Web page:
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Hawaii civil unions bill passes state House, goes to Senate

Proposal would extend married couples' rights to same-sex partners

The state House yesterday passed a bill to legalize civil unions among same-sex partners, a vote several lawmakers believe will help end discrimination against gays and lesbians in Hawai'i.

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The bill, which now moves to the state Senate, would grant partners in civil unions the same benefits, protections and responsibilities as married couples under state law. The state would also recognize civil unions, domestic partnerships and same-sex marriages performed in other states.

Partners in civil unions would not have the same protections as married couples under federal law, so the recognition is a rung below treating homosexual and heterosexual couples equally.

The House vote was 33-17 with one lawmaker excused, one vote shy of a veto-proof supermajority. The lawmaker who missed the vote, state Rep. K. Mark Takai, D-34th (Newtown, Waiau, Pearl City), who is preparing to deploy with the Hawai'i Army National Guard to Kuwait, supports civil unions.

State Senate President Colleen Hanabusa, D-21st (Nanakuli, Makaha), said yesterday she believes there are enough votes in the Senate for civil unions if the bill moves out of the Senate Judiciary and Government Operations Committee. The committee is currently divided 3-2 in favor of civil unions, with state Sen. Robert Bunda, D-22nd (North Shore, Wahiawa), undecided.

Hanabusa said she would consider forcing the bill out if it fails in committee. A one-third vote of the Senate would be required to recall the bill.

"I believe that if it makes the floor there are the votes in the Senate to pass civil unions," she said.

Hanabusa said she would only attempt to force the bill out of committee with the concurrence of the committee's chairman, state Sen. Brian Taniguchi, D-10th (Manoa, McCully), who backs civil unions. Taniguchi said he would prefer to deal with the bill in committee but would be open to alternatives if it stalls.

During the House floor debate yesterday, several lawmakers described civil unions as a measure of justice for gays and lesbians. Opponents, however, said gay activists would not be satisfied with civil unions and would eventually push for same-sex marriage, which they believe would weaken the institution of marriage.

In 1998, nearly 70 percent of Hawai'i voters backed a constitutional amendment that authorized the Legislature to define marriage in state law as between one man and one woman.

State House Majority Leader Blake Oshiro, D-33rd ('Aiea, Halawa Valley, 'Aiea Heights), the bill's sponsor, said the debate was inspiring for him. He said he has occasionally been disappointed and frustrated by the legislative process but has always accepted it as part of elected office. He said that yesterday he felt, for the first time, like he belonged in the chamber and was making a difference.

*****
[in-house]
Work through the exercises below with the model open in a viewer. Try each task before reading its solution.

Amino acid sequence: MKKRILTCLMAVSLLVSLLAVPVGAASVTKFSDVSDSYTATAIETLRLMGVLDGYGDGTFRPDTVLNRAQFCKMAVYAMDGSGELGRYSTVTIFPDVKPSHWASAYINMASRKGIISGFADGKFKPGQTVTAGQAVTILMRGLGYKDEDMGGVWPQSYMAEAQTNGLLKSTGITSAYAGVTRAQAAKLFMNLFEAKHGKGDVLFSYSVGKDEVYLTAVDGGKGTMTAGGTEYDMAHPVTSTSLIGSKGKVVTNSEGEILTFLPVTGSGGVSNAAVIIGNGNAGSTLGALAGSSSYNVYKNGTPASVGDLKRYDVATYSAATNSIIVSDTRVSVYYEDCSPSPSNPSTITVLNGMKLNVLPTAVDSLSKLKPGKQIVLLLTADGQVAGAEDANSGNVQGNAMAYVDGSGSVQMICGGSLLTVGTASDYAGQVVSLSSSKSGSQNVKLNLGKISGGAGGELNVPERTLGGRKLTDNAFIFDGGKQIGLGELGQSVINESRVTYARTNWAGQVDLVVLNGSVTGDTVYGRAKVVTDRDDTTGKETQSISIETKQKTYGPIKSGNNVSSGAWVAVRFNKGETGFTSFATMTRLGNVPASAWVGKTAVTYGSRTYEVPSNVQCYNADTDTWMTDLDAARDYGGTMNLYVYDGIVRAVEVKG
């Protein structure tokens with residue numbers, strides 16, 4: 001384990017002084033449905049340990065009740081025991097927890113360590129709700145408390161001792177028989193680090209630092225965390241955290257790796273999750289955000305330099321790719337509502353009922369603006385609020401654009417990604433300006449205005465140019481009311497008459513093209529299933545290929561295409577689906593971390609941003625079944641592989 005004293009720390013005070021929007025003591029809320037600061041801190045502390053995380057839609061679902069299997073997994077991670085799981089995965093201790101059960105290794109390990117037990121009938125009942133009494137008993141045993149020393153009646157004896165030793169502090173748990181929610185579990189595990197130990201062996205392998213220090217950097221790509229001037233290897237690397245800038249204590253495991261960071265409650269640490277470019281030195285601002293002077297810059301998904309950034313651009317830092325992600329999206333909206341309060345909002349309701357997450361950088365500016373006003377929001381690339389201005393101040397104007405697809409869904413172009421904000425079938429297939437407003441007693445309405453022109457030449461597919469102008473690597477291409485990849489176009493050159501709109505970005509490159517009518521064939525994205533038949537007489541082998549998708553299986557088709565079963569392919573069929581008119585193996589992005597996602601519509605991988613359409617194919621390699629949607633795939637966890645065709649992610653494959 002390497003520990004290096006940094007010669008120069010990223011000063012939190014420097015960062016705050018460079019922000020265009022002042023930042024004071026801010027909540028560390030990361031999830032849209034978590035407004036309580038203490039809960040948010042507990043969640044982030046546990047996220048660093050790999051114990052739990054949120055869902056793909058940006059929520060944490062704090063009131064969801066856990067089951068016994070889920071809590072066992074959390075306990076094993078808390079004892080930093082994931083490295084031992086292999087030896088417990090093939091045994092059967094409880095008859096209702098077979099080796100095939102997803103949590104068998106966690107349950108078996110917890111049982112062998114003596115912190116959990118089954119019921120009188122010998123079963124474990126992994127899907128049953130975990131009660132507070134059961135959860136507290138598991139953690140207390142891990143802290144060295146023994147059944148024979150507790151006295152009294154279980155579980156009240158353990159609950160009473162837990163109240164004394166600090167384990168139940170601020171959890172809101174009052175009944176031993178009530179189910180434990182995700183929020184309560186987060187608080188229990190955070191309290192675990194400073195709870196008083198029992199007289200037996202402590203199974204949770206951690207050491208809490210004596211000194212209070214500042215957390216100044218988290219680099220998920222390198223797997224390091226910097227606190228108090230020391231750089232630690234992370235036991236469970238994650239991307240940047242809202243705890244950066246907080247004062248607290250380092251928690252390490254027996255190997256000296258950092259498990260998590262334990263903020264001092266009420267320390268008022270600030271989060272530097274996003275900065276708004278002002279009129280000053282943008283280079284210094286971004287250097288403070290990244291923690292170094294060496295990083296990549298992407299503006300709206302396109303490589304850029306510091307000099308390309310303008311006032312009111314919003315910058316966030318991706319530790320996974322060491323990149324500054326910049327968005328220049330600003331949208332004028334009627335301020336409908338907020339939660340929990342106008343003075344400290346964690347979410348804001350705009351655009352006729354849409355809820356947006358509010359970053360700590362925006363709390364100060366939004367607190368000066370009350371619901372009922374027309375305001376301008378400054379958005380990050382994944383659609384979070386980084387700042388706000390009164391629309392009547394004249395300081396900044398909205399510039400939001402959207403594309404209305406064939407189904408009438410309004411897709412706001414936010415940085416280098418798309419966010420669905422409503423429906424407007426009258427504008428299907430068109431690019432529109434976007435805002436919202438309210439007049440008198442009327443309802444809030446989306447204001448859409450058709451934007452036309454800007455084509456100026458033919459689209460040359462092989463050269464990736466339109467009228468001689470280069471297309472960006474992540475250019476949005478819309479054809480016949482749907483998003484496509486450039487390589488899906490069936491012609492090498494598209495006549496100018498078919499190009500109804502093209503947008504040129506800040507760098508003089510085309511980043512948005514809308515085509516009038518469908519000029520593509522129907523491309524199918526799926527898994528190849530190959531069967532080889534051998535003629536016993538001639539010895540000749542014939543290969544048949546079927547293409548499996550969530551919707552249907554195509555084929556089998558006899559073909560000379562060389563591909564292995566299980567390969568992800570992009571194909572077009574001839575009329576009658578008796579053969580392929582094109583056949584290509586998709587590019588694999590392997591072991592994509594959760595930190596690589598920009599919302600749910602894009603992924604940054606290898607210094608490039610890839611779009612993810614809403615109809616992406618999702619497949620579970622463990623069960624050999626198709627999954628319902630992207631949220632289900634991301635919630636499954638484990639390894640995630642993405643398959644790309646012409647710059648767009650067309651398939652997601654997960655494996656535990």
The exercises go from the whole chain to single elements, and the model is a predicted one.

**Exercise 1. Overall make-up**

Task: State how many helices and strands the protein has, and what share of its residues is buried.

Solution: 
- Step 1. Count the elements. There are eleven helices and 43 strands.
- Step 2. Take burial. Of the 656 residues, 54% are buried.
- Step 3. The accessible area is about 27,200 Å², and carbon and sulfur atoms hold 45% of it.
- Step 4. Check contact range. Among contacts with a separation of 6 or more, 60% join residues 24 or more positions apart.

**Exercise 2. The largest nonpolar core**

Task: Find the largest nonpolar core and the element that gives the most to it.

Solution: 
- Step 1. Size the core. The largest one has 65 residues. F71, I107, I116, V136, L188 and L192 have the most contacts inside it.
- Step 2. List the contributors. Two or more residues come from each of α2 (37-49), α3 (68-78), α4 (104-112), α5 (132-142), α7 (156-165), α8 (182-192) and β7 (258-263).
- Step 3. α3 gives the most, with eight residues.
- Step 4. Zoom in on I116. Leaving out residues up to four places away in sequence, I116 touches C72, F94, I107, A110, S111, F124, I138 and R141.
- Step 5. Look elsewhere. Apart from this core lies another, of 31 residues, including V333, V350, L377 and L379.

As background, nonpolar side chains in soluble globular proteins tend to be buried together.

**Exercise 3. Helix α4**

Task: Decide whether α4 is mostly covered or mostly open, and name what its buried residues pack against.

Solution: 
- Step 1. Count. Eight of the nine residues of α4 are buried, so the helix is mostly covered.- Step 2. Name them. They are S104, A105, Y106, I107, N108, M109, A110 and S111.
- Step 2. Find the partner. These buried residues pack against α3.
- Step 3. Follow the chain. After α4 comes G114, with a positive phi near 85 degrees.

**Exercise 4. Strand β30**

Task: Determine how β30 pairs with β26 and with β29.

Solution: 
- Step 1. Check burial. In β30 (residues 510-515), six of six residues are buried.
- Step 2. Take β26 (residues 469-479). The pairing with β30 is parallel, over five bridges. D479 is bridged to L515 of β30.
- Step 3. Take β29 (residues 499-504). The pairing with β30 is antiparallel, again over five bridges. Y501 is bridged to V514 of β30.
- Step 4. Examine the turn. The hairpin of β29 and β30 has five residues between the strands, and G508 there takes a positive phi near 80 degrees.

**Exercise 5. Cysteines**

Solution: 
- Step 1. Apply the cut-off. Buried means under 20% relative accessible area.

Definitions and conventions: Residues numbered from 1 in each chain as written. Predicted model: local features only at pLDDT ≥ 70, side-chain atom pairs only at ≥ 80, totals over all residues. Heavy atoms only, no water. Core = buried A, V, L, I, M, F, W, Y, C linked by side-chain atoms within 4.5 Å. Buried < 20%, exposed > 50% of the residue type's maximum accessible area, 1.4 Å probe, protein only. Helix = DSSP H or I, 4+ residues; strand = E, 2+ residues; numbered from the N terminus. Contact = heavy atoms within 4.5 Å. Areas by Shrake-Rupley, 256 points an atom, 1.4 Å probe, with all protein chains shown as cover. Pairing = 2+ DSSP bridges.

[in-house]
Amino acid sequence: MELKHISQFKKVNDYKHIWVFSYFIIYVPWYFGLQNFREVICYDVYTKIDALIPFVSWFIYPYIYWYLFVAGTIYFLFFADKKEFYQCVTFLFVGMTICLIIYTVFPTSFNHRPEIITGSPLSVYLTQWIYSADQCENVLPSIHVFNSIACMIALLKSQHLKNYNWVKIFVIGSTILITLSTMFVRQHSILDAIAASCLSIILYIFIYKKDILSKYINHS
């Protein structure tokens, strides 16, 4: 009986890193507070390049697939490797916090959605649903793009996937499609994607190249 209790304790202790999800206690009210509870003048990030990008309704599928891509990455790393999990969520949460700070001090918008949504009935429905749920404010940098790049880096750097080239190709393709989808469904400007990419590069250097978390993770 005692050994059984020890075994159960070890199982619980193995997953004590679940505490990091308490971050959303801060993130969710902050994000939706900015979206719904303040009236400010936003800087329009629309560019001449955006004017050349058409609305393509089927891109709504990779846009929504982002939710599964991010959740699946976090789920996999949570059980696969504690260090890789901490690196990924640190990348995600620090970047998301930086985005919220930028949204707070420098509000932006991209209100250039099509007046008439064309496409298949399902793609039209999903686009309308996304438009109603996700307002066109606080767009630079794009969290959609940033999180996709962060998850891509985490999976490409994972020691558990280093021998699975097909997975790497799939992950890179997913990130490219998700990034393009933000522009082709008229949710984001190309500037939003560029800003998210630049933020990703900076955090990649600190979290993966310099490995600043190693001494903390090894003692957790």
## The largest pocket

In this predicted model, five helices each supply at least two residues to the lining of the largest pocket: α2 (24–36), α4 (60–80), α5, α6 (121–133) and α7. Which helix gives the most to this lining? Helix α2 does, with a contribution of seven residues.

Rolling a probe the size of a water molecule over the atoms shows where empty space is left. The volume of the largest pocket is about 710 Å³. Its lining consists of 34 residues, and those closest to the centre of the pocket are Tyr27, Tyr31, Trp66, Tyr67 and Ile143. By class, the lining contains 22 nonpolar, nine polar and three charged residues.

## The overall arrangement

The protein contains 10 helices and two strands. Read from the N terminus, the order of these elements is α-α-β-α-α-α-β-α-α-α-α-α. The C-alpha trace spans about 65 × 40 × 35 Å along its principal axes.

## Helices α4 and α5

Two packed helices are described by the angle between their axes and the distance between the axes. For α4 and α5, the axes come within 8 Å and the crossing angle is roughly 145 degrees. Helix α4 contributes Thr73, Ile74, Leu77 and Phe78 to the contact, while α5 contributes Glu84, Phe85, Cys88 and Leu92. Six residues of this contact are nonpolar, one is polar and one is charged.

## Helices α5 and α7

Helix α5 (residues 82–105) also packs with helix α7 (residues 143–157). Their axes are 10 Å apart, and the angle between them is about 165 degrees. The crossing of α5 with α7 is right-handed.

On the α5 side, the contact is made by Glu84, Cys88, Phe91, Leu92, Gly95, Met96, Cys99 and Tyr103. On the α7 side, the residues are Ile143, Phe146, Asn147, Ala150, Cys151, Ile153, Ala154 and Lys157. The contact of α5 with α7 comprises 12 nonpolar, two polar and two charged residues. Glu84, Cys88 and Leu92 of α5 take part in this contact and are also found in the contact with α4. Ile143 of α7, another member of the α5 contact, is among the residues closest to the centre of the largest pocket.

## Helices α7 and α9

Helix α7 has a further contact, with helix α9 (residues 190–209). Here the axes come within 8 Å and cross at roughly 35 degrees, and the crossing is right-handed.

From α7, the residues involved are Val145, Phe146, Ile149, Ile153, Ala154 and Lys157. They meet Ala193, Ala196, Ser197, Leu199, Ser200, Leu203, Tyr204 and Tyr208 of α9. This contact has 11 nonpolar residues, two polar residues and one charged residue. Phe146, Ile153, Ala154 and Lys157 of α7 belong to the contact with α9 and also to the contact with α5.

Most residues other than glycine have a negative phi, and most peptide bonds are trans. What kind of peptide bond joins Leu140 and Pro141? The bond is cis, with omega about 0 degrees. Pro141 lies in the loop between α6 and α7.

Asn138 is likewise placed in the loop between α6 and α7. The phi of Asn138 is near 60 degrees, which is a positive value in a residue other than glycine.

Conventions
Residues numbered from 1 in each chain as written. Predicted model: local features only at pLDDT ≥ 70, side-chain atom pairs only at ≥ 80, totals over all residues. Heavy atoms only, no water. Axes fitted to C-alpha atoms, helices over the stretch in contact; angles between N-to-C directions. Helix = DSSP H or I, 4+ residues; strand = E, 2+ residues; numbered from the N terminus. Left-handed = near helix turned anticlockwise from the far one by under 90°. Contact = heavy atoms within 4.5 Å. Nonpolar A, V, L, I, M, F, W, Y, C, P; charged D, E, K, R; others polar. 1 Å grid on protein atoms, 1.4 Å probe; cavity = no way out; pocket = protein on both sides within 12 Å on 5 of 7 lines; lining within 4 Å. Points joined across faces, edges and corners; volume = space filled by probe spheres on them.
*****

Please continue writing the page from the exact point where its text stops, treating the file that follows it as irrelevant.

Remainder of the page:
"There will be a day when acceptance, tolerance, equity and justice are not just words, but they will be truly embodied by our actions," Oshiro said. "So let that day come closer. And let that day be today."

State Rep. Sylvia Luke, D-26th (Pacific Heights, Pauoa, Punchbowl), praised state Rep. Jon Riki Karamatsu, D-41st (Waipahu, Village Park, Waikele), the chairman of the House Judiciary Committee, for what she described as having the courage to move the bill out of his committee when previous leaders — including her — did not.

"I feel kind of ashamed that we've closed our eyes to the discrimination that has gone on," Luke said.

opponents to speak up

State Rep. Gene Ward, R-17th (Kalama Valley, Queen's Gate, Hawai'i Kai), said activists in other states who have achieved civil unions have then pursued same-sex marriage. Three other states — Vermont, New Jersey and New Hampshire — allow civil unions. Two states — Massachusetts and Connecticut — permit same-sex marriage.

"This bill is not about equality, it's about an end run for same-sex marriage," Ward said.

In what she called one of her hardest speeches, state House Minority Leader Lynn Finnegan, R-32nd (Lower Pearlridge, 'Aiea, Halawa), said she grew up loving a sister who was gay and has died.

"I know that she can hear me today, and the last thing that I would want for her to feel in any way, shape or form is that I didn't love her for who she was," Finnegan said.

But Finnegan said she opposes civil unions to protect marriage between a man and a woman in the hierarchy of relationships recognized by law. "I can take this vote in good conscience because I know that my sister would love me no matter what I would do," she said.

Opponents of civil unions, including many who object because of their religious beliefs, did not organize to fight the bill in the House but will likely do more to try to block it from advancing in the Senate.

Dennis Arakaki, the executive director of the Hawai'i Family Forum who also represents the Hawai'i Catholic Conference, said opponents would soon get more active. "We feel that the will of the people has been expressed and we don't see the need to go through it again," said Arakaki, a former state lawmaker.

Paul Gracie, the co-chair of the Family Equality Coalition and a gay parent, was among the activists at the state Capitol yesterday to mark the vote. He said he was surprised, given the past opposition to civil unions, that the bill moved so quickly through the House.

"It really seemed miraculous to me, and amazing and hopeful," said Gracie, who has twin children.

Reach Derrick DePledge at ddepledge@honoluluadvertiser.com.